Archaeological Finds Discovered During The Covid19-Era In Greece

  • by XpatAthens
  • Monday, 15 February 2021
Archaeological Finds Discovered During The Covid19-Era In Greece
Amidst the COVID-19 pandemic, travel bans, and safety measures, archaeologists in Greece made a startling array of exciting discoveries. In some cases, the lack of visitors proved a blessing, allowing researchers to pore over popular sites that would otherwise feature crowds of tourists.

This list explores 3 of the most significant archaeological finds reported in Greece over the past months.

1. Theopetra Cave, Thessaly

Theopetra Cave in Thessaly is a significant site that was continuously occupied by humans for 130,000 years. The cave is famous for the fossilized footprints of a group of young Neanderthals and a 23,000-year-old wall one of the oldest known human constructions. Excavations at Theopetra have also revealed the well-preserved remains of a young woman, named Avgi who lived in the cave during the Mesolithic period, around 7000 BC.

The results of the analysis of the most recent finds reveal even more clues about the lifestyle and diet of the cave’s later Neolithic inhabitants. In fact, the evidence shows that Stone Age Greeks ate a healthier diet than many modern humans. The inhabitants of the cave ate wheat, barley, olives, and pulses, and a moderate amount of meat from a mix of domesticated and wild animals such as wild boar. Evidence suggests the people in Theopetra Cave kept cattle, pigs, sheep, goats, and at least one dog, perhaps as a companion for hunting and herding.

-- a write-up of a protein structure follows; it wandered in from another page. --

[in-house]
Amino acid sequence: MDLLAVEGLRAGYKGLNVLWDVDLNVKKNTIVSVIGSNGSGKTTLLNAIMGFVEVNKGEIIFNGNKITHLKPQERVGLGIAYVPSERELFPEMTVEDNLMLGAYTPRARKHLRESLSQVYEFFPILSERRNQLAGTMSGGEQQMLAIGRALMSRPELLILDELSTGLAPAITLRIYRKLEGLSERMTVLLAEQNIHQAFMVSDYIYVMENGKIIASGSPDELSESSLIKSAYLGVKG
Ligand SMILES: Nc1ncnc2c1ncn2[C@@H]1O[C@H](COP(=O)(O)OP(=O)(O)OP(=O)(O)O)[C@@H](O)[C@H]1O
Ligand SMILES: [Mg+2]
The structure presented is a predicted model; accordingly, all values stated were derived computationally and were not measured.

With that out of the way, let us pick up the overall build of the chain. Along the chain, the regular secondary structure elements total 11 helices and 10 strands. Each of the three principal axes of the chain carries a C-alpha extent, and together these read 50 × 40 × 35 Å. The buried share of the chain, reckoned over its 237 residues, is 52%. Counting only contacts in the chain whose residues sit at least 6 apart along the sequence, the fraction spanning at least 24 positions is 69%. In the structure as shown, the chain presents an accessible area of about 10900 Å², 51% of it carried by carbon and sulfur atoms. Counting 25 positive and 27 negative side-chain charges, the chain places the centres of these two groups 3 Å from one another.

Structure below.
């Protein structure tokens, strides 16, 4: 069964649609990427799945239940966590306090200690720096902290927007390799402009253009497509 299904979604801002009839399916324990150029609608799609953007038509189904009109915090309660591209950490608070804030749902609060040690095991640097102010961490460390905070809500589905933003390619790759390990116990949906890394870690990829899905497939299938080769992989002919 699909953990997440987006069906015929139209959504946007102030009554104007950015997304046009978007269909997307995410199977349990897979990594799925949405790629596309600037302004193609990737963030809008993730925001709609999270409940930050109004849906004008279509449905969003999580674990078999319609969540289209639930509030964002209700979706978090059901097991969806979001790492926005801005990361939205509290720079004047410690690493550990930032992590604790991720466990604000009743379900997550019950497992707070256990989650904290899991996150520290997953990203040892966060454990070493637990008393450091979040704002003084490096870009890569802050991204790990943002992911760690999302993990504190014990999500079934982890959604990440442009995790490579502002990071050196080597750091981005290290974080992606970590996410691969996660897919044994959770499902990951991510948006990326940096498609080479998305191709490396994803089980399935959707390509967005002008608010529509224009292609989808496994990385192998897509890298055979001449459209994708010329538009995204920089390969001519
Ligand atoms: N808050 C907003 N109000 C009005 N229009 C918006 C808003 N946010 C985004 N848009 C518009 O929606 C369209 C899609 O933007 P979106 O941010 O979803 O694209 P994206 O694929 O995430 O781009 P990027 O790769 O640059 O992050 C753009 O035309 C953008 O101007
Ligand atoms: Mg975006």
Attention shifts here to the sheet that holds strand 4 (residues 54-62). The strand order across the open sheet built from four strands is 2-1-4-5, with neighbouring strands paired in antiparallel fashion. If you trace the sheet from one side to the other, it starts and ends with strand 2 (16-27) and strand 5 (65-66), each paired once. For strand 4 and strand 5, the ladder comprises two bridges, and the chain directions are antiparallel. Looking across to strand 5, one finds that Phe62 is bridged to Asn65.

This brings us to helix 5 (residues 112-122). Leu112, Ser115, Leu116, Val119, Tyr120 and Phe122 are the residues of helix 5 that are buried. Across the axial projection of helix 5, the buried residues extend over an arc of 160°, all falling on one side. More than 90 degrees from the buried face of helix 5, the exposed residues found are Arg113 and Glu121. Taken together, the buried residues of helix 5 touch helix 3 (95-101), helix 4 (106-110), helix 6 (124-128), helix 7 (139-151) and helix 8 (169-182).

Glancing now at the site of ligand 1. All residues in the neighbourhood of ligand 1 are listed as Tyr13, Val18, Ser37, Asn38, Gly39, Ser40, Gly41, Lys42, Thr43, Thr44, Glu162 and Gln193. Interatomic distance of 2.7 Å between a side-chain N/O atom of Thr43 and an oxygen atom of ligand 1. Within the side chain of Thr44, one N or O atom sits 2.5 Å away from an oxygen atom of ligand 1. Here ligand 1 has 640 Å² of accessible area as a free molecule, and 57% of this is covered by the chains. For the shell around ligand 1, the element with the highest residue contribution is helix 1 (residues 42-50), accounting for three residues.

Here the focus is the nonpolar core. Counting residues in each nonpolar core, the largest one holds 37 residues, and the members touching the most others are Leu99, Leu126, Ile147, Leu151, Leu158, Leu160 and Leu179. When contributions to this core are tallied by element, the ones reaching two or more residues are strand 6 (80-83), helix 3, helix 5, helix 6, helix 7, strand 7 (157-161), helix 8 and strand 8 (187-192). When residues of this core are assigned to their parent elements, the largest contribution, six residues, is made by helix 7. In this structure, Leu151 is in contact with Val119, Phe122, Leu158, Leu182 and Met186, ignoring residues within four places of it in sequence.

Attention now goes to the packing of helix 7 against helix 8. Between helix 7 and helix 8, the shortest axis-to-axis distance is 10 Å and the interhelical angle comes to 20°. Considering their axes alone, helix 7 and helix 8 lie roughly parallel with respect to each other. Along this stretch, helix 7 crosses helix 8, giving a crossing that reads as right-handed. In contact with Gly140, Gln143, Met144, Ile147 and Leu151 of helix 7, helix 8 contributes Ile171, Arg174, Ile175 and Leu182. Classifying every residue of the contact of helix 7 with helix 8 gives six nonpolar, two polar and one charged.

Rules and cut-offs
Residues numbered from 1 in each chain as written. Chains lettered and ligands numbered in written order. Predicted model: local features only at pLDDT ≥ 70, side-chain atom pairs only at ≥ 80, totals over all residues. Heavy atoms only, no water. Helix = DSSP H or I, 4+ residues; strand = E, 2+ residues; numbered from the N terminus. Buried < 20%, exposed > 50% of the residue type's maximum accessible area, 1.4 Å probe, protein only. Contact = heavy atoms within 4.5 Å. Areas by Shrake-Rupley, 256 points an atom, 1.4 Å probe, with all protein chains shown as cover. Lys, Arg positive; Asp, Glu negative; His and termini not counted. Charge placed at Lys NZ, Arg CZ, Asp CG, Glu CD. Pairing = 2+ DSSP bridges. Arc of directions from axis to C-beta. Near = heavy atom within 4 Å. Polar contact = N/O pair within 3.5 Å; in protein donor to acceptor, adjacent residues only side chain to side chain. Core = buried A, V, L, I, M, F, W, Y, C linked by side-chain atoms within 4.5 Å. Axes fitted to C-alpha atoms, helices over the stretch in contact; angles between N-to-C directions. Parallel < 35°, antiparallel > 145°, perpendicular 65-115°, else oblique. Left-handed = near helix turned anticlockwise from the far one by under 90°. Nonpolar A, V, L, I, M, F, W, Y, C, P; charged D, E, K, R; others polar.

2. Aiolou Street, Athens

A well-preserved head of a statue depicting the god Hermes was discovered lying a mere 1.3 m under street level last November during construction works on the busy Aiolou Street in central Athens. The head is thought to have formed part of a herma (literally meaning ‘heap of stones’), one of many similar statues that functioned as road markers or indicators of important public or private spaces in ancient Athens.

Based on its style, the newly found bust dates to around the end of the 4th or the beginning of the 3rd century BC and resembles the bearded Hermes Propylaios famously sculpted by Alcamenes who is considered by many as one of the finest sculptors in ancient Greece. Its unearthing is a reminder that Athens is still packed with hidden archaeological treasures waiting to be discovered.

3. Akrotiri, Santorini

Santorini’s strategic position on the maritime routes connecting southern Cyclades, Crete, and the copper-rich island of Cyprus was one of the reasons why it became an important trade center during the Middle Bronze Age between 2160 and 1600 BC.

In early 2020, Professor Christos Doumas reported on new archaeological finds discovered during excavations at the famous settlement of Akrotiri. Among the finds in the interior of a building known as the ‘House of Thrania’ (‘House of Benches’) were two large double-headed axes made of finely-crafted bronze plates; artifacts that are typical of Minoan culture and religion in Crete and the southern Aegean. A large number of miniature ceramic vessels, other bronze items, and fragments of jewelry, including a small bead of rock crystal carved in the shape of a figure-of-eight shield were also found.

The most remarkable discovery was an inscription in Linear A, the undeciphered writing system used by the Minoans, on a fragment of what would have been a wooden construction, perhaps a box or chest. These finds gave more insight into the life of the settlers of the Bronze Age town before the Theran eruption in 1628 BC, one of the largest and most catastrophic volcanic eruptions in Mediterranean history.

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